Banks Try to Increase Access, Security

Challenges of putting a bank on every street corner and in retail locations make security difficult


"There's a buzz. Employees are paying more attention to those people that come in with hats and hoods," West Suburban Vice President Craig Kelbus said.

Federal authorities are still analyzing data for 2005, but preliminary figures show that there were 6,800 bank robberies in the U.S. That's fewer than in 2004, when there were 7,556 robberies, or 2003, when 7,465 bank robberies were reported in the U.S.

"The funny thing is there is no rhyme or reason" to the fluctuating numbers, FBI spokesman Steve Kodak said. "If you would go back and look at the numbers for the last 20 years, you'd see it goes up and it goes down. There's no specific trend."

One of the biggest decreases was in the Los Angeles area, the "bank robbery capital of the world."

There were 455 robberies recorded there in 2005, the fewest in decades, said Laura Eimiller, a spokeswoman for the FBI's Los Angeles office. The Los Angeles area typically records between 500 and 700 bank robberies a year, she added.

In 1992, there were more than 2,600 robberies in Los Angeles. "Since then, we have declined steadily," Eimiller said.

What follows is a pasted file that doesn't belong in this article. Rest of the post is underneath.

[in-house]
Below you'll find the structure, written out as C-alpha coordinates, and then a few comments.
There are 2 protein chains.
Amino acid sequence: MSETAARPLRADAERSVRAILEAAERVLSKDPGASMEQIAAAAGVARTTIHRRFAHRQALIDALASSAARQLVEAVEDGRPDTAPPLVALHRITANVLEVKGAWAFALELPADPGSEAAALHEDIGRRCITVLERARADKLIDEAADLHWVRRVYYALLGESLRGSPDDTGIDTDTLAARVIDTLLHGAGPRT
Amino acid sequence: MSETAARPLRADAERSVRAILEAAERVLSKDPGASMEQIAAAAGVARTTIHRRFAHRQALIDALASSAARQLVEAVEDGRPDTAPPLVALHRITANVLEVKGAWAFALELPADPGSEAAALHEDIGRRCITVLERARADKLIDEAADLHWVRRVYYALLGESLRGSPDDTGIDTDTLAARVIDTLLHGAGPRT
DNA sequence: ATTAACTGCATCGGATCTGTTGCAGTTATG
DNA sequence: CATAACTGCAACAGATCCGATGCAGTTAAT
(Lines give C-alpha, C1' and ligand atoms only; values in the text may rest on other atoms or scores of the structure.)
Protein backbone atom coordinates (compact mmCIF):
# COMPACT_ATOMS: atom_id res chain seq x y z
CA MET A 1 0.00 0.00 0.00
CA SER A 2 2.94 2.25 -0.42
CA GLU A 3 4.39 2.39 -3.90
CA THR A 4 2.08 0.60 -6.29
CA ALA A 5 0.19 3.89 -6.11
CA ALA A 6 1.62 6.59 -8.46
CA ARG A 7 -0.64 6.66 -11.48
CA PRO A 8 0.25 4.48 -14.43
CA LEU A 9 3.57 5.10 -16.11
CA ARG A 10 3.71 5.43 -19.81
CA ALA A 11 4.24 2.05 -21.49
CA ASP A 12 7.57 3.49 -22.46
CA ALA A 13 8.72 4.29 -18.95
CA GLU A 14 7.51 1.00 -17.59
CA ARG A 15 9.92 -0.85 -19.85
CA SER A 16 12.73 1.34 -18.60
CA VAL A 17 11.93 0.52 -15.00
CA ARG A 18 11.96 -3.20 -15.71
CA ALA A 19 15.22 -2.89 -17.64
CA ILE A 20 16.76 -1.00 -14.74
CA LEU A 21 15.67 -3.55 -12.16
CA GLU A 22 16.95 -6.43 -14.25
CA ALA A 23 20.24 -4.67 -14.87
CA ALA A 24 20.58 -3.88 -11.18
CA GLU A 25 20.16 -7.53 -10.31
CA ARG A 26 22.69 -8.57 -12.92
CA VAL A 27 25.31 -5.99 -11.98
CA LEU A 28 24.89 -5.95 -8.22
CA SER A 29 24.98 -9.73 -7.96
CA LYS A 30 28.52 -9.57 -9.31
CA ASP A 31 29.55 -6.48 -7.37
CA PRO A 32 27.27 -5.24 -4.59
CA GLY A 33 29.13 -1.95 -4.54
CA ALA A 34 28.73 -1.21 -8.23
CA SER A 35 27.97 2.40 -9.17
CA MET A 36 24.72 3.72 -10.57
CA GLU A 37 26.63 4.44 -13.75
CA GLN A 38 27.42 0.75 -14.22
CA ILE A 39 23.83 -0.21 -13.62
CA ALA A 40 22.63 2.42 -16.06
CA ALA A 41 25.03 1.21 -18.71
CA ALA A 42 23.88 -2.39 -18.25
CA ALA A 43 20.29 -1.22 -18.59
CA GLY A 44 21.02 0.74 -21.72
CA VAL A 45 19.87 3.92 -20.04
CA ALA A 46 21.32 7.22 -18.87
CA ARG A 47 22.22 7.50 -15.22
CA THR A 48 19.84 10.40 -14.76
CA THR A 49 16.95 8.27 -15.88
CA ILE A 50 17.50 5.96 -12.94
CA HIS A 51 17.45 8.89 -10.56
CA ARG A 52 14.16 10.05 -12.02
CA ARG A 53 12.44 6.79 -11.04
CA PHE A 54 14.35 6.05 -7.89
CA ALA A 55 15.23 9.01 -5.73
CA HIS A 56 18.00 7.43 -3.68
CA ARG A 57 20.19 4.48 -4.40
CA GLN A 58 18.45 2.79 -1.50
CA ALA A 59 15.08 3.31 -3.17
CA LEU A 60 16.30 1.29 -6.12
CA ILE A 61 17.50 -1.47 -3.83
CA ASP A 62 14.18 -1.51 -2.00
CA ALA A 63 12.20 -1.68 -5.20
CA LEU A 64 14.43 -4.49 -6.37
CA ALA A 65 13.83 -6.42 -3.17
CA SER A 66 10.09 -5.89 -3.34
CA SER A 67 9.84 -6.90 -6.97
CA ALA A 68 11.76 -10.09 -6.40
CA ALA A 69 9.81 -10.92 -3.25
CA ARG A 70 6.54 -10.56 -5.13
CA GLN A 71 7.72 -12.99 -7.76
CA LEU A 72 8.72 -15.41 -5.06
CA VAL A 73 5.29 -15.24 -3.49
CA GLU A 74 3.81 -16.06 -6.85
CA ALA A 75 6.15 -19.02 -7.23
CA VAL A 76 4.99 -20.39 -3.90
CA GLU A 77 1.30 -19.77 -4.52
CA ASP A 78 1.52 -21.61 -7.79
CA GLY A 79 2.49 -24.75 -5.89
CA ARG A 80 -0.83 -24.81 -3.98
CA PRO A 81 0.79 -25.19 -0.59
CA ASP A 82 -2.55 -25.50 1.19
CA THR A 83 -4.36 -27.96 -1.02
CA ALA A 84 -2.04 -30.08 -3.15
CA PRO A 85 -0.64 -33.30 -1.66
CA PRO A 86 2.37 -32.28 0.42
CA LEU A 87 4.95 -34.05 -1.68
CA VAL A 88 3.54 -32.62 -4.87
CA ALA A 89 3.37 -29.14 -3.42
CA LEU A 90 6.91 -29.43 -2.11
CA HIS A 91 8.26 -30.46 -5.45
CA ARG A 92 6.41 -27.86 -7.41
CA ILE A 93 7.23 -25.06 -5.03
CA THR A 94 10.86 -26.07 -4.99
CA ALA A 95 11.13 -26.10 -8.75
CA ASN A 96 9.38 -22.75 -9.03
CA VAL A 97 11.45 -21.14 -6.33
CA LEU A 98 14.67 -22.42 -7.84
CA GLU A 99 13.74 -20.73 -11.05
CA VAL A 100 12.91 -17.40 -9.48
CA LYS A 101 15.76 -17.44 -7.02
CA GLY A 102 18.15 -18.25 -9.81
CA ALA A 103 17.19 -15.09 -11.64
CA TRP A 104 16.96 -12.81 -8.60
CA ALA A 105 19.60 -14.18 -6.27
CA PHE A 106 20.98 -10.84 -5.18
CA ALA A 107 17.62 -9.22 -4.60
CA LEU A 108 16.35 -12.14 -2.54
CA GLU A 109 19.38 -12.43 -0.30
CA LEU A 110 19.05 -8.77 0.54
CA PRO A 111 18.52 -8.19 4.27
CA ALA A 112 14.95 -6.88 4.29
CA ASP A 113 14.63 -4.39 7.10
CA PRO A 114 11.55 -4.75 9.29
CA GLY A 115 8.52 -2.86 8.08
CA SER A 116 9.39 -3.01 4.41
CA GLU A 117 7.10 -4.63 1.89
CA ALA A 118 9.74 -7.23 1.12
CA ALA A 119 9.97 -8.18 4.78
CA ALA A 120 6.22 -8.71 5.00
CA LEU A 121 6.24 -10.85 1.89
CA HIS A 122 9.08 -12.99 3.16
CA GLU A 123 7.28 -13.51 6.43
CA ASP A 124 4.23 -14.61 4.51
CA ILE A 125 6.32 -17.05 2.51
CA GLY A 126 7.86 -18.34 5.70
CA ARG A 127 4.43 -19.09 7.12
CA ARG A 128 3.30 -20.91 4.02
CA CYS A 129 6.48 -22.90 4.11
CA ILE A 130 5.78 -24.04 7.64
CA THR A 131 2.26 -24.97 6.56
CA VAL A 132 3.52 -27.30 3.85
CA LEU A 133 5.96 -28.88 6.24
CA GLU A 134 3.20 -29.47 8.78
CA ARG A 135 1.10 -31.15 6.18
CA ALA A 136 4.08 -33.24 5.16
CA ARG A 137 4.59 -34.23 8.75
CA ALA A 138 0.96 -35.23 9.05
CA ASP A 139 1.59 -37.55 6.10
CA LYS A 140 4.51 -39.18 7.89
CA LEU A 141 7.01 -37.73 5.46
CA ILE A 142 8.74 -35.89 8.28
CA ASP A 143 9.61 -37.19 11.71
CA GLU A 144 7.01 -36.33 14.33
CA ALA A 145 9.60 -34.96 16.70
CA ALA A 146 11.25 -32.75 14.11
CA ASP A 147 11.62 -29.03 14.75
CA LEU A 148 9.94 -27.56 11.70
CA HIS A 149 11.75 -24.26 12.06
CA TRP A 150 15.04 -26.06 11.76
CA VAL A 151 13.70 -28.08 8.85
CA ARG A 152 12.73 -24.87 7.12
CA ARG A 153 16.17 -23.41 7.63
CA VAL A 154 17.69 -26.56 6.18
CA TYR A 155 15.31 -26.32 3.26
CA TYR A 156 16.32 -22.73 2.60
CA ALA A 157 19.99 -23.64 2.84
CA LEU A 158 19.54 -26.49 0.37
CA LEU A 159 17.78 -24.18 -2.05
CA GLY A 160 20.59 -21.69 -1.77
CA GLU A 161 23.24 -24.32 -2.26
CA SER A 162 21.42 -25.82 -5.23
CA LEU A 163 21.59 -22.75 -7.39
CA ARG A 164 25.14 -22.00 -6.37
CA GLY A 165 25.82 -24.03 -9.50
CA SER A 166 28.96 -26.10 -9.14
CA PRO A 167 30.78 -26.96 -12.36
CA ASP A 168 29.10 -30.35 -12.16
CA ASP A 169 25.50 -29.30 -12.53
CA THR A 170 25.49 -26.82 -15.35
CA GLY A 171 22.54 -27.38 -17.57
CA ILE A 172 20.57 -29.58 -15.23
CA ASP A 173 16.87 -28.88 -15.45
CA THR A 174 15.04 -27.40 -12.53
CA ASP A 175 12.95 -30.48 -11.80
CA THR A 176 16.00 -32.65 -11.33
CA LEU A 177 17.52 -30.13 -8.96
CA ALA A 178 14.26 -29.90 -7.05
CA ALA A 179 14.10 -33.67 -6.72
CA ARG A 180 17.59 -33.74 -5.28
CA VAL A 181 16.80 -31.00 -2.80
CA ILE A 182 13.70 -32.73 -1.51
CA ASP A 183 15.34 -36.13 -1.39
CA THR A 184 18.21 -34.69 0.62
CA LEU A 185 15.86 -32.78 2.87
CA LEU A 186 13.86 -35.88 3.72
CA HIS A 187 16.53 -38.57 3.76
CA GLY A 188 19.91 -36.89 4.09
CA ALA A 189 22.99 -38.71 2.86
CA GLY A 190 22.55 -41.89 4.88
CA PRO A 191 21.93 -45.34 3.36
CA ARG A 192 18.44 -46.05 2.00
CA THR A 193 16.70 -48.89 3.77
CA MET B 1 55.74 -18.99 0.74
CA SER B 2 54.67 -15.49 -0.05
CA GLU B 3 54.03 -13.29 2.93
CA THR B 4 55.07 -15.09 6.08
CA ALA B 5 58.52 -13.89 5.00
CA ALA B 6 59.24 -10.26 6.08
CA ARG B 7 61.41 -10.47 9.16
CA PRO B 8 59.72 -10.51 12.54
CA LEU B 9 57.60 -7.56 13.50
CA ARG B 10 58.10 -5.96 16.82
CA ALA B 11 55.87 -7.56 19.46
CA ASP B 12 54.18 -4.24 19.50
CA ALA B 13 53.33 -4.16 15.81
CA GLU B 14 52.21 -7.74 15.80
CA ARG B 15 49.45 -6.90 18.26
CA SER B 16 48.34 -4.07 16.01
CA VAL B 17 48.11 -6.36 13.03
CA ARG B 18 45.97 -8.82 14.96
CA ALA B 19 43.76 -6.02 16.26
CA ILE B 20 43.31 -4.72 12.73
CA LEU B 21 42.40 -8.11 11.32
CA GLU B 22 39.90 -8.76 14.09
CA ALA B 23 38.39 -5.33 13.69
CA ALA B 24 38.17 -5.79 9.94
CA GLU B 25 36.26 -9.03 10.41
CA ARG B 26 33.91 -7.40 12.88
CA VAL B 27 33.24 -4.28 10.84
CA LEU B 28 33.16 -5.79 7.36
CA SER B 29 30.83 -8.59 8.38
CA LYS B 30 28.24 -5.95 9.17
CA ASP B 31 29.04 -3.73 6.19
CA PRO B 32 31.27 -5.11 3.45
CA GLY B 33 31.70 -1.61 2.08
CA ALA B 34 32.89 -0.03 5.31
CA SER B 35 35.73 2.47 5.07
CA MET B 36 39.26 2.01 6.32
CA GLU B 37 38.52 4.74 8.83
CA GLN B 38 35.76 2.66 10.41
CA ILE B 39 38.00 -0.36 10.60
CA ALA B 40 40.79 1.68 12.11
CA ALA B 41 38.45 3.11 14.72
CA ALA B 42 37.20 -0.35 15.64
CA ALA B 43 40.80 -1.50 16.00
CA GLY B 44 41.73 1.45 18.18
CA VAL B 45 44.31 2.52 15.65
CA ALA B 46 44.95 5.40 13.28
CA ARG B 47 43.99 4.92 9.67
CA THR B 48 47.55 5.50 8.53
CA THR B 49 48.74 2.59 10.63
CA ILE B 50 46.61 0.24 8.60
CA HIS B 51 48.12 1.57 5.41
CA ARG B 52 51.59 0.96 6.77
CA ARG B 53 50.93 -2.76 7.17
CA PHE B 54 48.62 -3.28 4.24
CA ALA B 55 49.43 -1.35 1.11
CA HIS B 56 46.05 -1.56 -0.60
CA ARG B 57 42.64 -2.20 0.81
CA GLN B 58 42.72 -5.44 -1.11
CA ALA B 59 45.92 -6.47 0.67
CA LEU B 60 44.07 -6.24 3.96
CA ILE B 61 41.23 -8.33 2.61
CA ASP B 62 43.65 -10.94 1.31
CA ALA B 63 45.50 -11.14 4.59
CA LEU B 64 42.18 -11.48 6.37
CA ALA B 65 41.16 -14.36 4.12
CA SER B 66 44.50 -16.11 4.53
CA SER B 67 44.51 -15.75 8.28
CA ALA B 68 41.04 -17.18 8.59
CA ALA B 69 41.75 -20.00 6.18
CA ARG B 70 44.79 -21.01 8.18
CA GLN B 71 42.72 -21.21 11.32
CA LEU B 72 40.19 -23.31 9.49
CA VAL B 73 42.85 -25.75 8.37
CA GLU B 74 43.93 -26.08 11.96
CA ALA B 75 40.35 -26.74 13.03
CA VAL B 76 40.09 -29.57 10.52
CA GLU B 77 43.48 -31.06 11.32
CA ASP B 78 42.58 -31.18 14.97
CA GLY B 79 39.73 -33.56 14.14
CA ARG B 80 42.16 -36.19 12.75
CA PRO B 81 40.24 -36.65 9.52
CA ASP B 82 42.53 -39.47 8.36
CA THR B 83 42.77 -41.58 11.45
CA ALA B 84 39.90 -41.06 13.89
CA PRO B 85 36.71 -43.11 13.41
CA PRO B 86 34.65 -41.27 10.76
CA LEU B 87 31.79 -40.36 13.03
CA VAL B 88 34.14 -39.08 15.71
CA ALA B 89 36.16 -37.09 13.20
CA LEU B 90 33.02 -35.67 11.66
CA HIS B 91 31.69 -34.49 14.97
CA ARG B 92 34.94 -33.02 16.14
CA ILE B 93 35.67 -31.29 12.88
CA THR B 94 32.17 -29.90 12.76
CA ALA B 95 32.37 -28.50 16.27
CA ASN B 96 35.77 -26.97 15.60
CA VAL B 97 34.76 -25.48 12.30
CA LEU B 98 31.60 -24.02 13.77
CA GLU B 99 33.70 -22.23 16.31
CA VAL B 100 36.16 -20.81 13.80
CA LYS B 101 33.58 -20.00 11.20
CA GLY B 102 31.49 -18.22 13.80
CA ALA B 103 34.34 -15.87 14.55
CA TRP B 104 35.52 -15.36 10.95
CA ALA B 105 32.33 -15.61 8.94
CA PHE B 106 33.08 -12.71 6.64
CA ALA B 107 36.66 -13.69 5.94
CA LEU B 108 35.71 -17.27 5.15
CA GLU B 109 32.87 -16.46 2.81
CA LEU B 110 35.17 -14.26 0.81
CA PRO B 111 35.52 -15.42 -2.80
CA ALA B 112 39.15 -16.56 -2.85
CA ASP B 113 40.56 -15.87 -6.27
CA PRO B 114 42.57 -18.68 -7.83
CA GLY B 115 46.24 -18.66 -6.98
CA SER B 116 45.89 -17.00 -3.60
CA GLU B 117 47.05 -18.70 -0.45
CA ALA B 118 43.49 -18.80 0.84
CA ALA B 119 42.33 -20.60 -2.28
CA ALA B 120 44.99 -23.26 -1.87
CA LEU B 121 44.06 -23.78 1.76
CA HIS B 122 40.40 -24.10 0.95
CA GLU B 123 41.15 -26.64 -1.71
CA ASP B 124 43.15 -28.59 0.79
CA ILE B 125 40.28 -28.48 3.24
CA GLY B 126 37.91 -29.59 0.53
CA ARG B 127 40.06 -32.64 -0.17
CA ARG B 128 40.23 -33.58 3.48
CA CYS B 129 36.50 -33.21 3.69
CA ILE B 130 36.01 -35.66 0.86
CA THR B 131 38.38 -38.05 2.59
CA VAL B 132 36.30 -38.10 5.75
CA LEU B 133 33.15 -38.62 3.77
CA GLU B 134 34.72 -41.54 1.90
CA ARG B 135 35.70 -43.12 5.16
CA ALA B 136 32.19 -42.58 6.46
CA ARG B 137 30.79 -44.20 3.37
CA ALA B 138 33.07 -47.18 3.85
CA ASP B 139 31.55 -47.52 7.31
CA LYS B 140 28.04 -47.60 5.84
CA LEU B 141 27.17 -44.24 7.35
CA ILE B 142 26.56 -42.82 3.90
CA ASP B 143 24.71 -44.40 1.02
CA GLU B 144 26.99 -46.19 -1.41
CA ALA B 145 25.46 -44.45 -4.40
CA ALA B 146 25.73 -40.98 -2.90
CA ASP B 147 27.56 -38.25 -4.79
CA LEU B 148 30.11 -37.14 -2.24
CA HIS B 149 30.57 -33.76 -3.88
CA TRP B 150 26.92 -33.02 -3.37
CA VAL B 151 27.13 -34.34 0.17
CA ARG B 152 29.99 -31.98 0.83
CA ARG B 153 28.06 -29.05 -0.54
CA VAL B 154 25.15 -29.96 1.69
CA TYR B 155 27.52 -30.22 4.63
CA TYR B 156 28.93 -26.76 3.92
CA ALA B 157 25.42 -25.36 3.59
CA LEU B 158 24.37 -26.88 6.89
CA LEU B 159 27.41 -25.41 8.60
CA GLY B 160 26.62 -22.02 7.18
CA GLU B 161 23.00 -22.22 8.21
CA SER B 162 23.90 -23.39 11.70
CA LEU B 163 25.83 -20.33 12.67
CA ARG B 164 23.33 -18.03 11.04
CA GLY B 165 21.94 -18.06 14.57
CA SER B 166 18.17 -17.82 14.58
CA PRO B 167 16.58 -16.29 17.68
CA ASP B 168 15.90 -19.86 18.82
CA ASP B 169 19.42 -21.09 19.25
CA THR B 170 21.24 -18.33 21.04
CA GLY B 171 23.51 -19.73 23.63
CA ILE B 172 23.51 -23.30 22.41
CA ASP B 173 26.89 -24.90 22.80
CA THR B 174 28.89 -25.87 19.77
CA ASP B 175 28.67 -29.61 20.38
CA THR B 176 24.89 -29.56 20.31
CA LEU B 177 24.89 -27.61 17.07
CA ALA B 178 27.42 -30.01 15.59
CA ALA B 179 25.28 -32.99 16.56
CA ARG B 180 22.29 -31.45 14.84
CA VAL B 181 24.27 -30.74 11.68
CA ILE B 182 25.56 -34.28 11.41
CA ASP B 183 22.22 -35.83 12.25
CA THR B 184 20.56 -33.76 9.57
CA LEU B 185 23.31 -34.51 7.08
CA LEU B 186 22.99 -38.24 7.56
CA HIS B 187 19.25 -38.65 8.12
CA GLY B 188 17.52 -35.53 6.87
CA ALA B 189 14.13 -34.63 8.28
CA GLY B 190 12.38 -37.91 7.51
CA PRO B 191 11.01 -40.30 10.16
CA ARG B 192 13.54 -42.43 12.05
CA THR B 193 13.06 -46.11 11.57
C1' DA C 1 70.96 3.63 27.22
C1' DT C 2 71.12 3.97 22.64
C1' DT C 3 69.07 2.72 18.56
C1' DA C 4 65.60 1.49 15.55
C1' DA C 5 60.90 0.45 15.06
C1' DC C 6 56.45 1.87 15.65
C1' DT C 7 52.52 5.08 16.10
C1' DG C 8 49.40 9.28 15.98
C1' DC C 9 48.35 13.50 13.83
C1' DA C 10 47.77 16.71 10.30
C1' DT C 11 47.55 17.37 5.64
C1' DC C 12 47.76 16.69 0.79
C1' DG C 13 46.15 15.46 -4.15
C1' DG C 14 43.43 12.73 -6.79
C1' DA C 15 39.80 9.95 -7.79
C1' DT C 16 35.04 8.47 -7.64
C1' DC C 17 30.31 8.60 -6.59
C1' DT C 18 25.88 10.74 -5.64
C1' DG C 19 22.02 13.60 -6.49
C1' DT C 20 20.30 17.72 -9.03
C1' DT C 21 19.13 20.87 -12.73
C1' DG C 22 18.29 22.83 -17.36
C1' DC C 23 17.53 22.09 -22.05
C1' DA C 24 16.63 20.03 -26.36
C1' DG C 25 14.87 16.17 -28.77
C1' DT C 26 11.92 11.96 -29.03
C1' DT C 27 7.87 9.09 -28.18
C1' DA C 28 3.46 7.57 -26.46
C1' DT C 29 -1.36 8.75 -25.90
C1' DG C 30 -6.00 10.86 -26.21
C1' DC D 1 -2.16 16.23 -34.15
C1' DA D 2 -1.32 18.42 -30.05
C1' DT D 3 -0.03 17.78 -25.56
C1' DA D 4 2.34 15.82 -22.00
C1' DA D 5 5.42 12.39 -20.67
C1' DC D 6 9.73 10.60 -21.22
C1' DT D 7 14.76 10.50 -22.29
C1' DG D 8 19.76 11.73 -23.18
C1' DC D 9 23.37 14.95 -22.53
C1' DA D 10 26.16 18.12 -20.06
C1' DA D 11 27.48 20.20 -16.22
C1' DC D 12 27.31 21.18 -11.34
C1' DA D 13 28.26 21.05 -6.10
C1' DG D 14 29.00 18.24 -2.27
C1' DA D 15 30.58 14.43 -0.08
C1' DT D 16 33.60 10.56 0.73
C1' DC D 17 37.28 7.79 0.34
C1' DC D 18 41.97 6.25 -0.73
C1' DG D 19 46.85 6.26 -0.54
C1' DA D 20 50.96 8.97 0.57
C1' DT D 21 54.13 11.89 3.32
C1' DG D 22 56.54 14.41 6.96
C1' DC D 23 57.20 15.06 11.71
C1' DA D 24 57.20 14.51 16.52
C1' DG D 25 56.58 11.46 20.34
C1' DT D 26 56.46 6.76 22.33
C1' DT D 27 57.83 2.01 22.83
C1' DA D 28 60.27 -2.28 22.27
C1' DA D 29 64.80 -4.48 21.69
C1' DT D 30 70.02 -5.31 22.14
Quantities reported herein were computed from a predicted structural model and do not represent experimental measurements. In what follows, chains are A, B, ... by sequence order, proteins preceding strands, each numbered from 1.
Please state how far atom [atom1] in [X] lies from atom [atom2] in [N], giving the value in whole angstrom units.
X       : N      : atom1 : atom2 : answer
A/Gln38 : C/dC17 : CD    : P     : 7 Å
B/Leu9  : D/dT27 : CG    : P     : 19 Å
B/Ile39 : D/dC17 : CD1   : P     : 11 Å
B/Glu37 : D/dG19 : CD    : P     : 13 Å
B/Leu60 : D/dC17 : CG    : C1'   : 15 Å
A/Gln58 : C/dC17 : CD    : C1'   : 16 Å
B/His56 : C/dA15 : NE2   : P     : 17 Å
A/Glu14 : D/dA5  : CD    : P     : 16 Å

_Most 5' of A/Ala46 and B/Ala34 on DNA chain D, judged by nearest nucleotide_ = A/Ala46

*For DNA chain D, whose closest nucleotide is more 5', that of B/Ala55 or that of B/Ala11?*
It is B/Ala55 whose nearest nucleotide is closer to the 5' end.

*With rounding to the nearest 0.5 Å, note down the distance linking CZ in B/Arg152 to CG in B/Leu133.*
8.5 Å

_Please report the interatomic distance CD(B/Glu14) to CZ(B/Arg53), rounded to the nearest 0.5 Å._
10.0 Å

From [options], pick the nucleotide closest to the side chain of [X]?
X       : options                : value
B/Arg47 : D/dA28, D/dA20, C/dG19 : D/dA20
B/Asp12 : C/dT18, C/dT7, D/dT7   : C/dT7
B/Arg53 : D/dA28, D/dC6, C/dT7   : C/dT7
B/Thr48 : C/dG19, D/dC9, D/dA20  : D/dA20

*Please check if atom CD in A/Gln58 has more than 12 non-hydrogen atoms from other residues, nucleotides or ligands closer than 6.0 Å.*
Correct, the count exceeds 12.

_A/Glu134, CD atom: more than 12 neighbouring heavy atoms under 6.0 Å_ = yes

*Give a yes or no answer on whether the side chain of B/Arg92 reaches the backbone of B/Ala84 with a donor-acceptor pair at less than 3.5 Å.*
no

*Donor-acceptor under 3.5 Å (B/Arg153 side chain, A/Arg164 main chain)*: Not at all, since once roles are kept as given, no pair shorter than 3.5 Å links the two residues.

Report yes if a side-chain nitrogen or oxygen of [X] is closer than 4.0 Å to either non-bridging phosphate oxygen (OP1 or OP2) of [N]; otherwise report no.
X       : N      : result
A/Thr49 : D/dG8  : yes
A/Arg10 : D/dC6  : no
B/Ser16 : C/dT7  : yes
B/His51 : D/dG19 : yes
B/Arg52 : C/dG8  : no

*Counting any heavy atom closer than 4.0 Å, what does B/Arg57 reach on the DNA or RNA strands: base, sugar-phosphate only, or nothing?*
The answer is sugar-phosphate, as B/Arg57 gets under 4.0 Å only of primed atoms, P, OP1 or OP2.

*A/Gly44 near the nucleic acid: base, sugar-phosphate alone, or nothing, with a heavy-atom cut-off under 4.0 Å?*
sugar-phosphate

She attributed the decrease to tougher sentencing laws, increased collaboration between federal and local police departments and new security devices.

The Miami area also saw a significant drop last year, but FBI Miami spokeswoman Judy Orihuela said that is partly due to changes in how robberies are reported.

The FBI's Miami office recorded only 94 bank robberies in 2005, down from 248 in 2004 and 178 in 2003.

"There could be others that the locals didn't report to us," Orihuela said.

Banking officials say most bank robbers usually net a few thousand dollars, at the most. The real harm comes in the form of reputational damage.

"It's not about the money," Hall said. "A bank's number one concern is the safety of its staff and customers."


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